Franc suisse: monnaie européenne
Jean-Pierre Roth, Vice Chairman of the Governing Board
20th anniversary of the Fondation Jean Monnet pour l'Europe, Dorigny, 20 November 1998, 20.11.1998
The building of Europe is a significant development in post-war European history. The European Monetary Union will be one of the most momentous steps in this process since it marks an irreversible aspect of the concept in more ways than one. Equipped with a single currency and responsible for maintaining overall financial stability as a common task, Europe is about to enter a new phase in its history.
The single currency will mean a veritable revolution for Europe. The economy will be affected on all levels: ordinary citizens, since the national currencies will disappear; enterprises, since they will operate in a new environment of stability and transparency; and, finally, the authorities, since they will manage common affairs in a field in which the different national characteristics will nevertheless remain important.
In Switzerland, the launch of the euro will bring a profound change of environment. For the first time in our history, we will be surrounded by a unified monetary zone. This is an advantage from the point of view of transparency and payment transactions, but it also entails certain risks. The question that primarily occupies Swiss exporters concerns the future stability of the link between the Swiss franc and the euro.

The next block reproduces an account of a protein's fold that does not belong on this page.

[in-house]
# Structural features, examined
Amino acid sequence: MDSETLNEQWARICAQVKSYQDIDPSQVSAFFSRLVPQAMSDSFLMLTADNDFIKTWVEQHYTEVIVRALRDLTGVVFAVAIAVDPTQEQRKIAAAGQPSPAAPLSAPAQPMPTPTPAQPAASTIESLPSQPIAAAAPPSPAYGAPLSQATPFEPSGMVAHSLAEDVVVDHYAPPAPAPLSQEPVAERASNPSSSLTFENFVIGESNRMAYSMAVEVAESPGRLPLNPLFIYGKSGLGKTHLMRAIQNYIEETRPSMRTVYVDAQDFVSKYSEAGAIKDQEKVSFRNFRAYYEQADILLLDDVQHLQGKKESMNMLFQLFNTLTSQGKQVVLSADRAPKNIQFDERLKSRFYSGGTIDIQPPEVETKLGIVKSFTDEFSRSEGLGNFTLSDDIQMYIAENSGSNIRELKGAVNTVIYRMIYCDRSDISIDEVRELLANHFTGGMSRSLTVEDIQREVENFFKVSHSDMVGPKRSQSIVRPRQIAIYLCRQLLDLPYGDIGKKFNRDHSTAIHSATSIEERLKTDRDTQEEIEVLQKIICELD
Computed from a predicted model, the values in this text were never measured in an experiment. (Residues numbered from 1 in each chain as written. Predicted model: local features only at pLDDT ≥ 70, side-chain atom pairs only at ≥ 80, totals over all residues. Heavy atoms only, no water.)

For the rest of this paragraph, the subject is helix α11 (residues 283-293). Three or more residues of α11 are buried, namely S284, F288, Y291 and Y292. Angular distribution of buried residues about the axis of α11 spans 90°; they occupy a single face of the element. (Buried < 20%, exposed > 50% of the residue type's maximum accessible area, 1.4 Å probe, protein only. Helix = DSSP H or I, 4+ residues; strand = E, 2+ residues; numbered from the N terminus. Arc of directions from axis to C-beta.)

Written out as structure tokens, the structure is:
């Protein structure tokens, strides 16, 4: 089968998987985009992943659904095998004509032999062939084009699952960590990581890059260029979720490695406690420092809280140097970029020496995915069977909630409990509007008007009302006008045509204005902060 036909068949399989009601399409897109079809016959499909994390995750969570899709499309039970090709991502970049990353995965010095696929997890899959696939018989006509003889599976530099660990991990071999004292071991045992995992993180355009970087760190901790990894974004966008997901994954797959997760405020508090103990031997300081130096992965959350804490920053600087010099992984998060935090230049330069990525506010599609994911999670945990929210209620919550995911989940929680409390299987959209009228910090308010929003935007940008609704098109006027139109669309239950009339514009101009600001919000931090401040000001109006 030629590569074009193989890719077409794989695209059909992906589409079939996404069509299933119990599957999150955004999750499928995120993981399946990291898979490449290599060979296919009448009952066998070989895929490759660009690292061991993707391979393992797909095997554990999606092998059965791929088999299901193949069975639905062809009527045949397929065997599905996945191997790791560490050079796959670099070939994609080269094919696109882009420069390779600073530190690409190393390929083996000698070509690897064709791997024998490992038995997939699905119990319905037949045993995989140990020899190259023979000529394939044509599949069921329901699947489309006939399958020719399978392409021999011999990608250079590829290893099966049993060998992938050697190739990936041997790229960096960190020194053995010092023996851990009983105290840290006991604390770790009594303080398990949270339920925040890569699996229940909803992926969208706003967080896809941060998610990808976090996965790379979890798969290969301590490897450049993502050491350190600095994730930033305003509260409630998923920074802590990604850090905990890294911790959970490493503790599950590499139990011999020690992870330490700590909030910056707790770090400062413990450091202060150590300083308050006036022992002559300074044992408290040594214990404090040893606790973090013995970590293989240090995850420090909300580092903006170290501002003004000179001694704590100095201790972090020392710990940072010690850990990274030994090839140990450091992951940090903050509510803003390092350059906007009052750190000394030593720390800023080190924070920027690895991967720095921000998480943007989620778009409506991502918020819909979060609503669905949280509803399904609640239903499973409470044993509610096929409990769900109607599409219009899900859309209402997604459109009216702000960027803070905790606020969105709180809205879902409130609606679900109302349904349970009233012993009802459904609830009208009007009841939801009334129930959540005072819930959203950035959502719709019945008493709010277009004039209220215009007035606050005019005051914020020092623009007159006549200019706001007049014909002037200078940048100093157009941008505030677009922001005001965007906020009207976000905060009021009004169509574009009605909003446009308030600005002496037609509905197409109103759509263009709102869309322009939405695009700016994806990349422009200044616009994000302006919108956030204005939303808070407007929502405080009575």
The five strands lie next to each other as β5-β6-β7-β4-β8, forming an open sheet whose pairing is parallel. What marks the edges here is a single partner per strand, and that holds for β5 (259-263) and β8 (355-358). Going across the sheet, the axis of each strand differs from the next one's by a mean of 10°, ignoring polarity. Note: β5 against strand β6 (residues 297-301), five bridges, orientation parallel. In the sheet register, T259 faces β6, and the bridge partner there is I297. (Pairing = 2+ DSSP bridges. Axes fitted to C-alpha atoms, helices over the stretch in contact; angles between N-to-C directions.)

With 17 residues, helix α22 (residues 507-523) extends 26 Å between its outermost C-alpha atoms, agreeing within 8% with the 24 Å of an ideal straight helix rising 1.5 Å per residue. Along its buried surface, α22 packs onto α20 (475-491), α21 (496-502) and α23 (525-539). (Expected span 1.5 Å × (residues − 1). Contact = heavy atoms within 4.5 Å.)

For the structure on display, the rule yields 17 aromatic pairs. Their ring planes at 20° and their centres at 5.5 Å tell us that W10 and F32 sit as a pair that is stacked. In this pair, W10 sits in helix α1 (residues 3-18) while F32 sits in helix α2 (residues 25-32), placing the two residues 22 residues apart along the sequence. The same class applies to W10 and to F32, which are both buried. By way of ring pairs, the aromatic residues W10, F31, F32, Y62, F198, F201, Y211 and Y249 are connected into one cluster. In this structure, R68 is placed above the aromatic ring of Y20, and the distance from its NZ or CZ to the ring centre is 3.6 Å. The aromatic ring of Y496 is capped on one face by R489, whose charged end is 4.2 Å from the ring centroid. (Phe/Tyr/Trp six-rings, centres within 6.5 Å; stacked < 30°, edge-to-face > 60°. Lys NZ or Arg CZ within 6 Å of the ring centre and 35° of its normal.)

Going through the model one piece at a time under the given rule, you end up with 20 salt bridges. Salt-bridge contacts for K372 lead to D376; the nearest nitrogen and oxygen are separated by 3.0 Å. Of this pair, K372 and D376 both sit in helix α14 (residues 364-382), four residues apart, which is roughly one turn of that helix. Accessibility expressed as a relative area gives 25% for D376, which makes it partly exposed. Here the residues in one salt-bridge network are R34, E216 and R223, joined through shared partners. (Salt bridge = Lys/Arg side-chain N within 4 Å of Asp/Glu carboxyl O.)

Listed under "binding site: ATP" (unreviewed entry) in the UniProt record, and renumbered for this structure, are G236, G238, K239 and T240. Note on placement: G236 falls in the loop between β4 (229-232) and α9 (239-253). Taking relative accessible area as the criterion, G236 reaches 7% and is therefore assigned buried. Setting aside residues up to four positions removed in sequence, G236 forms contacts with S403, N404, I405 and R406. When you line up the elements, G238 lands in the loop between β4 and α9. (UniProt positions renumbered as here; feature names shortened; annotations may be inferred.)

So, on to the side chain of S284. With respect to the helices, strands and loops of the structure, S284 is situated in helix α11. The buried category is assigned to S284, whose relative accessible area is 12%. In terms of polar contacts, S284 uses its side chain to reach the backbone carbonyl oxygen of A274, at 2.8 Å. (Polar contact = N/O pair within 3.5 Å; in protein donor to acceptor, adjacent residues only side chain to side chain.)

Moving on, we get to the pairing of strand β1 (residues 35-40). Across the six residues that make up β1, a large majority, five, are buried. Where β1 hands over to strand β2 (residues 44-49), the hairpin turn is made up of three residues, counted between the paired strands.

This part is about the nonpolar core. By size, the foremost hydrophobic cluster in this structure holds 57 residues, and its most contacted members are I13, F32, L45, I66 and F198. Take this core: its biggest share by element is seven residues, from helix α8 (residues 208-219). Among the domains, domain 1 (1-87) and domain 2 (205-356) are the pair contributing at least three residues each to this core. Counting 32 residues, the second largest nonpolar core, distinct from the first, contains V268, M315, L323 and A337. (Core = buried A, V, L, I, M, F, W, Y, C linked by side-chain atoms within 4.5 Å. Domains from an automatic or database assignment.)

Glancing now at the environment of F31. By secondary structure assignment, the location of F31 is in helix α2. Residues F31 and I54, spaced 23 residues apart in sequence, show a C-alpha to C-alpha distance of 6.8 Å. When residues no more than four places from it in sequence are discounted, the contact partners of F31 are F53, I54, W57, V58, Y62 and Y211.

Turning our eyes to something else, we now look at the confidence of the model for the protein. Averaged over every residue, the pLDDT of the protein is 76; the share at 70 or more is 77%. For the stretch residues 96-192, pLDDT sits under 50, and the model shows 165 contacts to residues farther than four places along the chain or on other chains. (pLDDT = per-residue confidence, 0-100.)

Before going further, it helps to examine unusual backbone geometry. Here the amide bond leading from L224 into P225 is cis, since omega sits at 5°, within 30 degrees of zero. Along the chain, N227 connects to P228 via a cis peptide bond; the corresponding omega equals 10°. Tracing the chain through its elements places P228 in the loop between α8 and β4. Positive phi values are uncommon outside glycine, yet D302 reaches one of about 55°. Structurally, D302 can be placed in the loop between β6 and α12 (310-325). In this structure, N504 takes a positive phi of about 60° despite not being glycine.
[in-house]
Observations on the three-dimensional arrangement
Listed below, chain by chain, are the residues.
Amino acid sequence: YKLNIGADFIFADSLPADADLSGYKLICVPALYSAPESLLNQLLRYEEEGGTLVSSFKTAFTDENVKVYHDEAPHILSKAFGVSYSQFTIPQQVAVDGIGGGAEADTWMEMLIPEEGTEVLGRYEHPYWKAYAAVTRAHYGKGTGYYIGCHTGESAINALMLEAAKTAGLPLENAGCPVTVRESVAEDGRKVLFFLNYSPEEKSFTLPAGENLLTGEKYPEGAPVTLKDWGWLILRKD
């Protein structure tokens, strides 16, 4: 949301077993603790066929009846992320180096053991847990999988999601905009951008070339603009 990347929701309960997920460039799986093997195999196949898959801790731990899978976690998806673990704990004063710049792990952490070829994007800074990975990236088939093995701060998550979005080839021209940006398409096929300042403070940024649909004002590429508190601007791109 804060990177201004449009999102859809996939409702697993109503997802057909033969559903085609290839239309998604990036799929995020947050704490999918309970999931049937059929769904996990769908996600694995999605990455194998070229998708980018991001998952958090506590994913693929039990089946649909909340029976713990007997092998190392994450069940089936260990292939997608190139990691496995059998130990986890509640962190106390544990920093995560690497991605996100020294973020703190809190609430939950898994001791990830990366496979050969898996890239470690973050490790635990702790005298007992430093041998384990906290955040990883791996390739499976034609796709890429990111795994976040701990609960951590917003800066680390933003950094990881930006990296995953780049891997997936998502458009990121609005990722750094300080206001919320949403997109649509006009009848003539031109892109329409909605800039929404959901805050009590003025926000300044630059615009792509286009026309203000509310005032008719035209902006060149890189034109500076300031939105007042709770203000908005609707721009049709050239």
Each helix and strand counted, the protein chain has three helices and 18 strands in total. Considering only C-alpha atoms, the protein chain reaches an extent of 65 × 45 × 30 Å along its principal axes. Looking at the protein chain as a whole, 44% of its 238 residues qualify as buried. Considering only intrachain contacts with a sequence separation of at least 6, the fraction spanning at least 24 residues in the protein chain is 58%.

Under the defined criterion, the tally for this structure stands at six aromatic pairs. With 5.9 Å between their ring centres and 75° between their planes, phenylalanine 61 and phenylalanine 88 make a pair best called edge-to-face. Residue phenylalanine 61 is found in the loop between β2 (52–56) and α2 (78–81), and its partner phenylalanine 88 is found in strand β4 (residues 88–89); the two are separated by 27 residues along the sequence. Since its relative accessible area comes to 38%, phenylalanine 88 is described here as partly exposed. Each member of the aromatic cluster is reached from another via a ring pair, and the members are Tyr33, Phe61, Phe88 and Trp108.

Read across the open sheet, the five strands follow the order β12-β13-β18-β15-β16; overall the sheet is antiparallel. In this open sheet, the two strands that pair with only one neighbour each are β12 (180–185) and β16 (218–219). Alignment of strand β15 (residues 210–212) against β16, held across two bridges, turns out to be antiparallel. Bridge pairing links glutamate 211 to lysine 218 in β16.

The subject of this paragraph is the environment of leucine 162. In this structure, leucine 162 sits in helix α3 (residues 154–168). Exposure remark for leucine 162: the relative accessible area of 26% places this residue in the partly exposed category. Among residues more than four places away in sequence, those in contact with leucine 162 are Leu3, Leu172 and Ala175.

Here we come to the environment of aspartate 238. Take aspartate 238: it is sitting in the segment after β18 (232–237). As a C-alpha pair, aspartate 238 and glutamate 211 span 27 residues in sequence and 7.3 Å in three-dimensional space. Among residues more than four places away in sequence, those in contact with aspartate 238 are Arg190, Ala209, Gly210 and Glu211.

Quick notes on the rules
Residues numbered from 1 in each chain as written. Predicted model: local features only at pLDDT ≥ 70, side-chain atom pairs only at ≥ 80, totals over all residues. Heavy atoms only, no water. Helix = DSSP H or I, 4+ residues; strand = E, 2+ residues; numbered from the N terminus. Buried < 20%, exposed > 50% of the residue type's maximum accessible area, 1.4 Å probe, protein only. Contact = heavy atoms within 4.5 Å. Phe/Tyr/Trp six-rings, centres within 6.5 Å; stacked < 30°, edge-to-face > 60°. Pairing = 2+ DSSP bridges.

Confidence in this respect is justified because experience shows that countries pursuing similar macro-economic objectives and exhibiting comparable economic development benefit from relatively stable exchange rates. With Switzerland's growing integration in the European economy and the convergence of objectives of the European Central Bank and the Swiss National Bank, the chances for stable conditions are good. Any attempt to eliminate all exchange rate risks by linking the Swiss franc to a European standard would nevertheless be a precipitate decision. A pegging of our currency could fuel speculation or trigger a rapid increase in interest rates in Switzerland, which in turn would hamper the economic recovery currently under way.
Exchange rate flexibility is thus a response to the uncertainty of the moment. Once the euro is perceived to be a stable currency by the markets, Swiss and European interest rates will converge progressively, and this, in the long term, will create favourable conditions for Switzerland's monetary integration in the European Union.